|This is the talk page for discussing improvements to the Yurt article.
This is not a forum for general discussion of the article's subject.
|Yurt has been listed as a level-5 vital article in Technology. If you can improve it, please do. This article has been rated as Start-Class.|
|WikiProject Architecture||(Rated Start-class, Mid-importance)|
|WikiProject Central Asia||(Rated Start-class, Mid-importance)|
- 1 Comments
- 2 Updated page with more history and info relating the Turkestan Yurt pictured
- 3 Add new page for yurt inspired structures?
- 4 In Russian a kibitka is
- 5 Don't even say it...
- 6 What's not relevant about it?
- 7 shangrak?
- 8 Names in other languages
- 9 Ethymolgy
- 10 Clarification of difference between yurt and ger. Expansion of leader,
- 11 Usage of Yurt
The picture will have to go! A yurt is covered with felt!
I would like to state that surely the Yurts of Central Asia, Uzbekistan, Turkmenistan etc are still 'Yurts' even if they utilise a canvas cover over an underlying cover of felt? This is quite common in some areas and certainly in Mongolia (Gers) where it is cheaper for the Yurt owner to use canvas instead of replacing an old felt cover due to the high value of sheep fleeces. --Yurtshop 19:44, 12 April 2006 (UTC)
Indeed, this is not a yurt in the traditional sense.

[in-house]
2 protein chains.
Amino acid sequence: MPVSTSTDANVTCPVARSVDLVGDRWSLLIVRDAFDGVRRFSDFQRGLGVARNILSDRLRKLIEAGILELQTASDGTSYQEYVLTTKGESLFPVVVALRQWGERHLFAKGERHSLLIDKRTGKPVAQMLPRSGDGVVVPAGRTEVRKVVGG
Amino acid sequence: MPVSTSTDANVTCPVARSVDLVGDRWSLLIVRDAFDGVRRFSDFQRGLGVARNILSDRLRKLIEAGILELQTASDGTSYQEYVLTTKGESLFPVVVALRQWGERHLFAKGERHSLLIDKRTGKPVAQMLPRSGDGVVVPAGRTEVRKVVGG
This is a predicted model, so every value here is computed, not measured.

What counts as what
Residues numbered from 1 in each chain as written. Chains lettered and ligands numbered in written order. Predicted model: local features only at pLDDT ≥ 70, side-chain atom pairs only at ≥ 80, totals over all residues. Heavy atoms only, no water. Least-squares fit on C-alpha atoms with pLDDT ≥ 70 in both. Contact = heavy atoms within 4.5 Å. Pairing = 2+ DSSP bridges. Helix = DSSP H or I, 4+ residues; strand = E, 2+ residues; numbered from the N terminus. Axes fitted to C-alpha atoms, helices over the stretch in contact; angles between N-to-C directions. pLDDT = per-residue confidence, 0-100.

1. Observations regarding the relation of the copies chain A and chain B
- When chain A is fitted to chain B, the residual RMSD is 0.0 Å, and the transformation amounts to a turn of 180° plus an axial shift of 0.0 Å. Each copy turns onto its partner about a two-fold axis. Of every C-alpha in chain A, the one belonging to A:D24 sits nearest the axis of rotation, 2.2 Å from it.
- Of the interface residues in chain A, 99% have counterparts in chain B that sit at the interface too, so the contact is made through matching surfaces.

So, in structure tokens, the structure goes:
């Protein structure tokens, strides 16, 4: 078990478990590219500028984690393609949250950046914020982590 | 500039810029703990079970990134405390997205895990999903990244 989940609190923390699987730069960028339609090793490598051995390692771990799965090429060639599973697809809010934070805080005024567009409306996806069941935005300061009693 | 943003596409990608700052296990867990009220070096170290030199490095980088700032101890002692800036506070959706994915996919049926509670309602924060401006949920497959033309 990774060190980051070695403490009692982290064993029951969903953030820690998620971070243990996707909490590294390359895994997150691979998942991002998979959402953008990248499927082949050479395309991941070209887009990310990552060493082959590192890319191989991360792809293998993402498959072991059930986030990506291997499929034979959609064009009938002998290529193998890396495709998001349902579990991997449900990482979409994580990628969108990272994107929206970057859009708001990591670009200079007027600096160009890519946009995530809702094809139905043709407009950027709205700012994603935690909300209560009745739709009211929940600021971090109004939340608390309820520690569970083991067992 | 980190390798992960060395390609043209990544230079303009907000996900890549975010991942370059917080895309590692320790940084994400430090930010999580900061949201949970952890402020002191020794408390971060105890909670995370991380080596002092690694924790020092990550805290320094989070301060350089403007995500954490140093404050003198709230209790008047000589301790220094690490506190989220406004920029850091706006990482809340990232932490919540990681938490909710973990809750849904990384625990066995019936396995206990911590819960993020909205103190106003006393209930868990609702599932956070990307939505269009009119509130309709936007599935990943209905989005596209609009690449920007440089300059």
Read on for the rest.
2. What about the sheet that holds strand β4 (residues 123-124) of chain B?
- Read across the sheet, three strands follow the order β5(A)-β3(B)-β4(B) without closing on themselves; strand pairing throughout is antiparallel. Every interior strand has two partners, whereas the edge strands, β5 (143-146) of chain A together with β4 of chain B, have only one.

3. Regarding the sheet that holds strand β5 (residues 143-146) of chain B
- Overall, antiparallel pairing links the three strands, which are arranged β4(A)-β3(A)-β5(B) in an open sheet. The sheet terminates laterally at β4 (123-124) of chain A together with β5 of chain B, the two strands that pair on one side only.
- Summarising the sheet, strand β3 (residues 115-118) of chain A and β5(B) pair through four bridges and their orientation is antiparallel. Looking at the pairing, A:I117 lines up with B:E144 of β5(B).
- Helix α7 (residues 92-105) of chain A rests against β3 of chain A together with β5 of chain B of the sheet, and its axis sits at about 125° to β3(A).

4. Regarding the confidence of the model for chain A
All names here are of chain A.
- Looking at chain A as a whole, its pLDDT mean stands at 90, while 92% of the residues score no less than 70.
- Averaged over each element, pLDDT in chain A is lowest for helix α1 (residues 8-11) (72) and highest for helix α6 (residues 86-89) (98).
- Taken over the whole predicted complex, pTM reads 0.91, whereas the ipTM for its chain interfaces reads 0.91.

It would be nice if Yomes could also be mentioned, they are not exactly yurts, but are relatd to them, and come from the same part of the world
In Australia, people build eight sided buildings that they refer to as yurts. They can be made from all kinds of materials, wood, mud brick etc.
I added a photo of a Kalmyk encampment (with ghers) in the Kalmyk article. Check it out.
--Buzava 19:01, 26 February 2006 (UTC)
Updated page with more history and info relating the Turkestan Yurt pictured
I have recently uploaded a new page to my website. It discusses the recreation of a Turkoman Yurt from original plan and is the same plan for the design of the 'Turkestan Yurt' pictured on the Wikipedia Yurt page. It covers Yurt shapes, terminology, regional information relating specifically to the Turkoman Yurt and other valuable information. The page can be found at http://www.yurtshop.com/history_of_yurts.html and will be added to as i continue to interpret the reconstruction conclusions and research. I would like this page be added as a useful external link in the Wiklipedia Yurts page [email protected] --Yurtshop 19:44, 12 April 2006 (UTC)